The Lockerbie bombing of 1988 was a terrorist attack that went down in history as one of the deadliest in aviation history with 270 people killed, and the second deadliest attack on US civilians, behind only 9/11.
What happened over Lockerbie?
On December 21, 34 years ago, Pan Am Flight 103 from London to New York was flying over the town of Lockerbie, in south-west Scotland, when a bomb planted in the forward cargo area of the Boeing 747 exploded at 7.03am local time.
The blast at 9,450m above the ground, and 38 minutes after take-off, killed all 259 passengers and crew on board, as well as 11 people on the ground.
Of the victims, 190 were American citizens. The others were from the UK, Argentina, Belgium, Bolivia, Canada, France, Germany, Hungary, India, Ireland, Israel, Italy, Jamaica, Japan, the Philippines, South Africa, Spain, Sweden, Switzerland and Trinidad and Tobago.
Ten people remain unidentified.
Witnesses described burning debris falling from the sky, while some parts of the aircraft exploded when they hit the ground.
Wreckage from the plane created a crater 12m deep and was spread over an area of 2,175 square kilometres.
The FBI and Scottish authorities collaborated on the investigation into the attack, leading to arrest warrants for two Libyan nationals in 1991.
More than a decade after the attack, Libya's president Muammar Qaddafi, a staunch opponent of the West, handed the two suspects over to the Netherlands for trial by Scottish judges.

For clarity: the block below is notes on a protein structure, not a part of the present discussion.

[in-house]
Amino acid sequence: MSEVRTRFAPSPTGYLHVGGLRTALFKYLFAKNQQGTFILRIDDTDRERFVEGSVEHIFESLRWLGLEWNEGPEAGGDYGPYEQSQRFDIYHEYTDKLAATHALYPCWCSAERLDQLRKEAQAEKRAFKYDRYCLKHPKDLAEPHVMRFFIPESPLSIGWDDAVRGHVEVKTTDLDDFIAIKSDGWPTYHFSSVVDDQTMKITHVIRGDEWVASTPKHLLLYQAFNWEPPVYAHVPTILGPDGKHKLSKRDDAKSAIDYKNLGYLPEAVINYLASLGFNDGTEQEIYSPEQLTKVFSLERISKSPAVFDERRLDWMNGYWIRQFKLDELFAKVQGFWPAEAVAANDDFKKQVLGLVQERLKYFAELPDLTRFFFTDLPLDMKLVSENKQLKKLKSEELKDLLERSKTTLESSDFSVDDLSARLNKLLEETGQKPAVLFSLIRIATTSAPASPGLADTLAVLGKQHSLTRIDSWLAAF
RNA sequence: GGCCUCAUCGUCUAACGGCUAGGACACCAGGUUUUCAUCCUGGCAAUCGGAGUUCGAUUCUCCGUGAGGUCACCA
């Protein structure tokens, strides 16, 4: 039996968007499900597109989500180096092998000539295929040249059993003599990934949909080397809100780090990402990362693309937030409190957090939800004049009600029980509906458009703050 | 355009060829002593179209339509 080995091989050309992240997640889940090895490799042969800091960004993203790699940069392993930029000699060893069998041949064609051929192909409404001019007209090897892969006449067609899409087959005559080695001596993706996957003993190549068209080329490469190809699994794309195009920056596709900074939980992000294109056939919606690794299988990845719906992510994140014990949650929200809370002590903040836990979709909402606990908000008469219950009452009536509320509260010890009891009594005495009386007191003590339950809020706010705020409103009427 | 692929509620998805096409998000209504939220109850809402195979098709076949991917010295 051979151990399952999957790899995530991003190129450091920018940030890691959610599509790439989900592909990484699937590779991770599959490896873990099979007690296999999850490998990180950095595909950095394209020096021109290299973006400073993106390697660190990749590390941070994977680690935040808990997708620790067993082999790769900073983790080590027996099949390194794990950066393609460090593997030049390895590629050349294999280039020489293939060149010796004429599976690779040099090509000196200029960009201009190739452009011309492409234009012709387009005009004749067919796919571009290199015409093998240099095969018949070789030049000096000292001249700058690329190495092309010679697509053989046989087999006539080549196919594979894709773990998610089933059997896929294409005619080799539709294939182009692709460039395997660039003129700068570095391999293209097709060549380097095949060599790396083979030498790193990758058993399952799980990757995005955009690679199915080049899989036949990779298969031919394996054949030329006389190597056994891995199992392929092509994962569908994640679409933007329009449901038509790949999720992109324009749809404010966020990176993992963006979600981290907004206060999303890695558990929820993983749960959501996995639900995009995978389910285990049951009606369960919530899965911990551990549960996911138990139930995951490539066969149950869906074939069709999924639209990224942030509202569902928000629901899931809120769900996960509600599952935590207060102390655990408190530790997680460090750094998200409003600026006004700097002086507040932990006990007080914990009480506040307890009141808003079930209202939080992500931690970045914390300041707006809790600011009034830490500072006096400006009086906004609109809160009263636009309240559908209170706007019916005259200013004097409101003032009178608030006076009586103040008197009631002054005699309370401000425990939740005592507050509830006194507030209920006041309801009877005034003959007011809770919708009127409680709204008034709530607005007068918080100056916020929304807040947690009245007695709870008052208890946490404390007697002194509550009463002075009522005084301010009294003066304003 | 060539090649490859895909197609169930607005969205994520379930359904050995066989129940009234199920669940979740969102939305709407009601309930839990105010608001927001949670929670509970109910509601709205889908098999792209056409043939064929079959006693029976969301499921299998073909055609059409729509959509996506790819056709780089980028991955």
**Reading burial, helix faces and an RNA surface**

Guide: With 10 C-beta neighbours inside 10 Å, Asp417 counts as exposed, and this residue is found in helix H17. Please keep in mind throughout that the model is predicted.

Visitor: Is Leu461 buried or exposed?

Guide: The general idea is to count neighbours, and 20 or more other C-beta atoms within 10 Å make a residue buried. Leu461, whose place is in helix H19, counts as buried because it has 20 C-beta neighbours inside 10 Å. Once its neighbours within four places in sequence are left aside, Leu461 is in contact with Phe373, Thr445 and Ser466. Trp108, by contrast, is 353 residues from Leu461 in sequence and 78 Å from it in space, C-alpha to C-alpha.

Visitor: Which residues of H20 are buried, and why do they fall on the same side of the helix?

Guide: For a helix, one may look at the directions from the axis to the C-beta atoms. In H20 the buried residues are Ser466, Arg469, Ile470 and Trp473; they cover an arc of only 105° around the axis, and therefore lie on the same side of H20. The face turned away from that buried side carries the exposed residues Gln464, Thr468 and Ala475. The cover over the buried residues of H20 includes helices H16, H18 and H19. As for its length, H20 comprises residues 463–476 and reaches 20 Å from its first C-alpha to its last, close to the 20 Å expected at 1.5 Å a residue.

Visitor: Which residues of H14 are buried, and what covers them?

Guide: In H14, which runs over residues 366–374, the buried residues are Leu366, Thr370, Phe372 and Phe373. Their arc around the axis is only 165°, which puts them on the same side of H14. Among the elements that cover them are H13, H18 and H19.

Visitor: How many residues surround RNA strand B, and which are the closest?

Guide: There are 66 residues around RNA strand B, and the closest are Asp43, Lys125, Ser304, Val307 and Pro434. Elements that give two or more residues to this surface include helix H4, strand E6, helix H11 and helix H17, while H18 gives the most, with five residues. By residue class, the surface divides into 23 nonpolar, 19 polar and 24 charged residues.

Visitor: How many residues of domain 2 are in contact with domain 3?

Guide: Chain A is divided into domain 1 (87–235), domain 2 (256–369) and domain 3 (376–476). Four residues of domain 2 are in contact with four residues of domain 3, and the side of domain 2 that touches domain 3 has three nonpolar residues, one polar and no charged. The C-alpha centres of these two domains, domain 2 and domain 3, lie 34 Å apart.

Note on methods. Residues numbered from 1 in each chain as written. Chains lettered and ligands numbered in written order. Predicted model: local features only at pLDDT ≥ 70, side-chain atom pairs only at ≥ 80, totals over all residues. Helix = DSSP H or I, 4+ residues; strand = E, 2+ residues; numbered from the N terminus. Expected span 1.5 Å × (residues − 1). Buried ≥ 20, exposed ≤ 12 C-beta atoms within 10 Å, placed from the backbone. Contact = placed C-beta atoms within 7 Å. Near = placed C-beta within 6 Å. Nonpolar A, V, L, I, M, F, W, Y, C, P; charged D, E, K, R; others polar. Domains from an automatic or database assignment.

In January 2001, Libyan intelligence officer Abdelbaset Al Megrahi was found guilty of all 270 charges of murder against him and was sentenced to life in prison.
Al Megrahi was released in 2009 by Scottish authorities after he was diagnosed with cancer and died three years later.
He was the only person to be convicted over the bombing. The other suspect, Lamen Khalifa Fhimah was acquitted.
Who is Abu Agila Masud?
Abu Agila Mohammad Masud was thought to be the third conspirator in the attack, but was not handed over for trial in the 90s.
FBI special agent Rachel Otto testified that she reviewed a copy of an interview conducted with Mr Masud in 2017 by a Libyan law enforcement officer while the suspect was in Libyan custody.
She said the interview revealed that Mr Masud had admitted to making the bomb that downed the Pan Am flight and that he had collaborated with Al Megrahi and Mr Fhimah.
In March 2020, US authorities learnt that the interview was actually carried out in 2012. The officer who interviewed Mr Masud said he was willing to testify at a trial.
“He also admitted his involvement in other plots against citizens of the United States and other western countries,” Ms Otto said in an affidavit.
“Additionally, Masud confirmed that the bombing operation was ordered by Libyan intelligence leadership. Masud confirmed that after the operation, Qaddafi thanked him and other members of the team for their successful attack on the United States.”
Under Qaddafi's rule, Libya was designated a state sponsor of terrorism from 1979 to 2006. Qaddafi was toppled in an uprising in 2011 and later killed by an armed group.
The US claims Mr Masud worked for Libya's External Security Organisation as a “technical expert” from about 1973 to 2011, rising to the rank of colonel and conducting operations on behalf of the Libyan government.
Scottish authorities said on Sunday that Mr Masud was in US custody for his alleged role as the bomb-maker.
He was charged in 2020 for his involvement in the Lockerbie bombing by then US Attorney General William Barr, when he was still in custody of Libyan authorities.
Mr Barr at the time said the US would work “arm in arm” with Scottish counterparts to bring Mr Masud to trial.
He is expected to appear before the US District Court for the District of Columbia in the coming days.